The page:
As long as we’re on the topic of homoplasy, a recent study suggests that knuckle-walking evolved independently in chimpanzees (Pan) and gorillas (Gorilla). If true, this suggests that hominins did not evolve from a knuckle-walking ancestor. Interesting.
Take-home points from the paper include:
- Many purported ‘knuckle-walking’ features of the hominoid wrist might rather indicate arboreal wrist postures
- Knuckle-walking in Pan and Gorilla are biomechanically distinct, and may thus have evolved independently in each lineage
- More tentatively: Humans may not have evolved from a knuckle-walking ancestor, lending further credence to the idea that Pan is not a great model for the Pan-human common ancestor
- This may be another example of one of Futuyma’s Principles of Evolution: HOMOPLASY IS COMMON IN EVOLUTION
“Knuckle-walking” refers to the mode of locomotion employed by most Pan and Gorilla when on the ground. Whereas most terrestrially quadrupdal primates use either the palmar surfaces of their ‘fingers’ or their palms to contact the ground, Pan and Gorilla‘s hands contact the ground with the back surface of the middle of their fingers (their intermediate phalanges, in technical terms). It is a very unusual posture–so far as I know, among all animals it is unique to these apes. So, it is perfectly sensible to assume that that knuckle-walking in chimpanzees and gorillas is homologous, represents the ancestral posture in African apes, and that humans evolved from a knuckle-walking ancestor.
But Tracey Kivell and Dan Schmitt present evidence from the wrist that suggests knuckle-walking in Pan and Gorilla are biomechanically and developmentally distinct. They point to several features of the wrist bones (carpals) that have traditionally been assumed to reflect knuckle-walking behavior. The expression of these features does not fit expectations given size and maturation differences between the two African apes. In fact, most of the features are more common/pronounced in Pan, and sometimes even other primates, more so than in Gorilla. The authors thus posit that many of the hitherto-knuckle-walking features of the wrist are actually indicative of arboreal wrist postures, and not knuckle-walking.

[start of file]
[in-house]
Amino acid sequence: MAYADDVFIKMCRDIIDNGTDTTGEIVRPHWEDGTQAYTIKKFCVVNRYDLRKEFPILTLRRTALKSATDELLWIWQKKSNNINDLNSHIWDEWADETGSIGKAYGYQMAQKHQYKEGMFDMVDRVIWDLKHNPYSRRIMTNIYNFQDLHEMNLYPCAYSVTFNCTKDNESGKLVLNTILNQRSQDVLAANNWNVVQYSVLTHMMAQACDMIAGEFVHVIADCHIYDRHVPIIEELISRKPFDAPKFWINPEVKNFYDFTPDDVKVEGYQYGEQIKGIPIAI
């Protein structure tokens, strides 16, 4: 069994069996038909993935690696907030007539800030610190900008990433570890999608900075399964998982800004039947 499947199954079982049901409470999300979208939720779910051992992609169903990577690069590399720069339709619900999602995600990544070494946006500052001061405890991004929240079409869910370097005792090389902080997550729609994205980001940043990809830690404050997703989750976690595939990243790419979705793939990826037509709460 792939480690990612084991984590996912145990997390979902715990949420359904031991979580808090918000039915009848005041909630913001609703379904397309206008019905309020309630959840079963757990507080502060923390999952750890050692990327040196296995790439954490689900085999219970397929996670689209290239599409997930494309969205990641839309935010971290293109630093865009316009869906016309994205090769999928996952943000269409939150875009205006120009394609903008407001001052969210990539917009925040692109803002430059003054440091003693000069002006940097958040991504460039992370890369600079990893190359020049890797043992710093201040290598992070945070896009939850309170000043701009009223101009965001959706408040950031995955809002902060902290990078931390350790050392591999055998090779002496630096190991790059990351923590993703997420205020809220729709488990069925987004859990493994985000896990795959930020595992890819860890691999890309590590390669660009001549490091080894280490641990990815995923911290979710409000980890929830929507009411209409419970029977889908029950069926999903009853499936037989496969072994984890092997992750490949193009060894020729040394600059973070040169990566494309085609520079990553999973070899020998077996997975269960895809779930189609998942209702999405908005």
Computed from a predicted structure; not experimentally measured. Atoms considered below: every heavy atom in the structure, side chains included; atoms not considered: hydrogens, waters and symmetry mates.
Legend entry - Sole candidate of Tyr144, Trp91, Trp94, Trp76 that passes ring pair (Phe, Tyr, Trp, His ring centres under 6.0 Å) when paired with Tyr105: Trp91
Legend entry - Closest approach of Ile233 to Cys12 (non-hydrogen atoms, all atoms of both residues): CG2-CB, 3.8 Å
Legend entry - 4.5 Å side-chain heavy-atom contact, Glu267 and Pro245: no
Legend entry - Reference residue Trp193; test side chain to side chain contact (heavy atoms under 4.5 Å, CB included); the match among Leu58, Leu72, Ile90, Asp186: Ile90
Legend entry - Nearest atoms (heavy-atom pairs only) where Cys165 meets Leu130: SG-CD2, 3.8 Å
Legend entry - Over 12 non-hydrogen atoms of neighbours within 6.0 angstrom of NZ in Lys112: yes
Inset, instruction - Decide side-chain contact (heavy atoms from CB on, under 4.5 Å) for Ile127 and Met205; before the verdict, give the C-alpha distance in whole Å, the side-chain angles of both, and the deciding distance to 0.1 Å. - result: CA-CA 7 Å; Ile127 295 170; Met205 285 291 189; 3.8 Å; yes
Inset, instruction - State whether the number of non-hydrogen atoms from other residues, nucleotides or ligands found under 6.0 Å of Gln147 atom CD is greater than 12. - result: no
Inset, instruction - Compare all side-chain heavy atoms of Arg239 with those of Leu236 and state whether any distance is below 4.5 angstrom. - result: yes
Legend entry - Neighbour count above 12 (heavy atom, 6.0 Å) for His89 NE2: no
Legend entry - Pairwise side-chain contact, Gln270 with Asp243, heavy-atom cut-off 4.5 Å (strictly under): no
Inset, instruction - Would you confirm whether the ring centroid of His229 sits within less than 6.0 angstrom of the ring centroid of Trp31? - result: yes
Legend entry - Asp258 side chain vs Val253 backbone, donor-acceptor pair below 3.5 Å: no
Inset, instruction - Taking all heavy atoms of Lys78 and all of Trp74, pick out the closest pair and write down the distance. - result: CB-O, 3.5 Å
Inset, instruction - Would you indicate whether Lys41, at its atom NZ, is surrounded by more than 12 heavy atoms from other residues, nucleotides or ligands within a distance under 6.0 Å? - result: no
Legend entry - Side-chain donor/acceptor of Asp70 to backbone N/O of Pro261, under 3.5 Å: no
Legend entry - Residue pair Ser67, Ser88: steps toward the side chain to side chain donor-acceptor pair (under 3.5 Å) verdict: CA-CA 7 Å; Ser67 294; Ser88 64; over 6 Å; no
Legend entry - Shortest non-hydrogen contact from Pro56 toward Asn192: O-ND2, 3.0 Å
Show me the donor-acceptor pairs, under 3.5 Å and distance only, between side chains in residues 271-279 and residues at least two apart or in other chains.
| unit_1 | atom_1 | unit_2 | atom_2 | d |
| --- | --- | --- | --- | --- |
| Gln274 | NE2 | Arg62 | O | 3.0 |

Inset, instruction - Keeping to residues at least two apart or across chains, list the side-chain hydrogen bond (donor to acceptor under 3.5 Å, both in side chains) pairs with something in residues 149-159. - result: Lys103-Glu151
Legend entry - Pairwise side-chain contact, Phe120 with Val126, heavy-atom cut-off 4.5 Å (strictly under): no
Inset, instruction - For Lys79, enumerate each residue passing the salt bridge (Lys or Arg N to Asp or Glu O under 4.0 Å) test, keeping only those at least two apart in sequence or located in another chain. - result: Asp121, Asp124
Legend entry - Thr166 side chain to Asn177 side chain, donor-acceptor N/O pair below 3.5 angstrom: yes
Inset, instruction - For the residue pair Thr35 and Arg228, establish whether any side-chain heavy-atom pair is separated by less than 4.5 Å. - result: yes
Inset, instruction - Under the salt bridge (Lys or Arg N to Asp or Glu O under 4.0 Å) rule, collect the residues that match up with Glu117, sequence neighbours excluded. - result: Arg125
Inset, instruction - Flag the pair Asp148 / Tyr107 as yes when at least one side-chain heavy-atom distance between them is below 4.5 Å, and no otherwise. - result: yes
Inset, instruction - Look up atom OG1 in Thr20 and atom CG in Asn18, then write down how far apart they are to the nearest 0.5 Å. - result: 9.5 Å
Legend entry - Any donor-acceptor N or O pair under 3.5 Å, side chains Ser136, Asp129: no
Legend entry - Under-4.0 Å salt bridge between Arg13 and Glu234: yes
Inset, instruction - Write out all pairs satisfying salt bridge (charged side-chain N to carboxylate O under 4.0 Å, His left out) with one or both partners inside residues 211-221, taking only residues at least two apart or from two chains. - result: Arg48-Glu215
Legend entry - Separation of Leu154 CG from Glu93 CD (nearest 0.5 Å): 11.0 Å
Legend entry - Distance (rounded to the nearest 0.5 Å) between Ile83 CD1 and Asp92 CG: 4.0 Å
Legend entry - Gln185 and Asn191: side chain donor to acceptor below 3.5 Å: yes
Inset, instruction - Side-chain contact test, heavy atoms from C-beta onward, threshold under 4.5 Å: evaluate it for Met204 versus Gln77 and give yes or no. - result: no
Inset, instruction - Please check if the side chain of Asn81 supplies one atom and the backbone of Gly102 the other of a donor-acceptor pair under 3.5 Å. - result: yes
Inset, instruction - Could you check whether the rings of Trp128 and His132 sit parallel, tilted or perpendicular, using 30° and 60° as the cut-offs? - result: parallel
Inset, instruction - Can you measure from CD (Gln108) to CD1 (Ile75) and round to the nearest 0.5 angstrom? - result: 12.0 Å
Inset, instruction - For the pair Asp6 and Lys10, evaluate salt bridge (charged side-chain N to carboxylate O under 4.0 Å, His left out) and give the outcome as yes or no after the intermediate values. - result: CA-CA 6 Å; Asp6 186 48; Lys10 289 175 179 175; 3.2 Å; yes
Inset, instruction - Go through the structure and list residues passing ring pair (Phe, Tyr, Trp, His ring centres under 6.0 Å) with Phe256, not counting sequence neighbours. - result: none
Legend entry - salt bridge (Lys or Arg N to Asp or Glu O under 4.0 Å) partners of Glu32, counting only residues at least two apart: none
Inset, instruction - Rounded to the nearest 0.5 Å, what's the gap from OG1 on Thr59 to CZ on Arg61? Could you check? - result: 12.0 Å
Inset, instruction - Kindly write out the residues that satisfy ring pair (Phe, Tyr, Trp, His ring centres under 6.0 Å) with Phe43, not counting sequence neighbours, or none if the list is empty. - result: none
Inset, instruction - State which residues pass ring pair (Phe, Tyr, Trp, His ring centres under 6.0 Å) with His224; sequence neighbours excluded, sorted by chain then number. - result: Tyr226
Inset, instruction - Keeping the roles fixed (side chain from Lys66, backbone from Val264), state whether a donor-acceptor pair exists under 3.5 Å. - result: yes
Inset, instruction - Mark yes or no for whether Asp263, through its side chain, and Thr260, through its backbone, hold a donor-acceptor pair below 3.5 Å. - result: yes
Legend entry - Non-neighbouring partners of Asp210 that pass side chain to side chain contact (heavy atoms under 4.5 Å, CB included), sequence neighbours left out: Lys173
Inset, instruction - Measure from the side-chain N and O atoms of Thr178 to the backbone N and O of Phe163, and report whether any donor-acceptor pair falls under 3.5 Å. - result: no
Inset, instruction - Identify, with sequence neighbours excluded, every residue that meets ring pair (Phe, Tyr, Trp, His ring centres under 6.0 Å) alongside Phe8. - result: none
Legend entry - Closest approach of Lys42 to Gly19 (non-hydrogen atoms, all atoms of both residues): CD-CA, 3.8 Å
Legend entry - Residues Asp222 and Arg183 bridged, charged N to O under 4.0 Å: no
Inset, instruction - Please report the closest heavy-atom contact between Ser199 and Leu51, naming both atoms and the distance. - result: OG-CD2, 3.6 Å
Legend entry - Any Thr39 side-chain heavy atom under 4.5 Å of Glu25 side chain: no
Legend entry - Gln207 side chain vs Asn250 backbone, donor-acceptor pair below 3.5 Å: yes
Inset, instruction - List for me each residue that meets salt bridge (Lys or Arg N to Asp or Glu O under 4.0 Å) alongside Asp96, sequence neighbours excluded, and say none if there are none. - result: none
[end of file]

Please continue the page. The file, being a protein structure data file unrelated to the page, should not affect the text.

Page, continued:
That authors acknowledge that it is possible that the wrist differences between Pan and do not necessarily preclude the possibility that knuckle-walking in the two apes has a common, ancestral origin, and that the differences accumulated after the evolutionary split between Gorilla on the one hand and Pan-humans on the other. That is to say, the behavior in the apes is homologous (as in common ancestry) but non-identical. Another possibility, which would also indicate that humans did evolve from a knuckle-walking ancestor, is that the behavior evolved separately in the Gorilla lineage, and in the Pan-hominin lineage before the split between Pan on the one hand and hominins on the other. The only way to test such a hypothesis is with fossils, fossils which so far as I know we do not have (yet).
Kivell T and Schmitt D. Independent evolution of knuckle-walking in African apes shows that humans did not evolve from a knuckle-walking ancestor. Proceedings of the National Academy of Sciences, in press.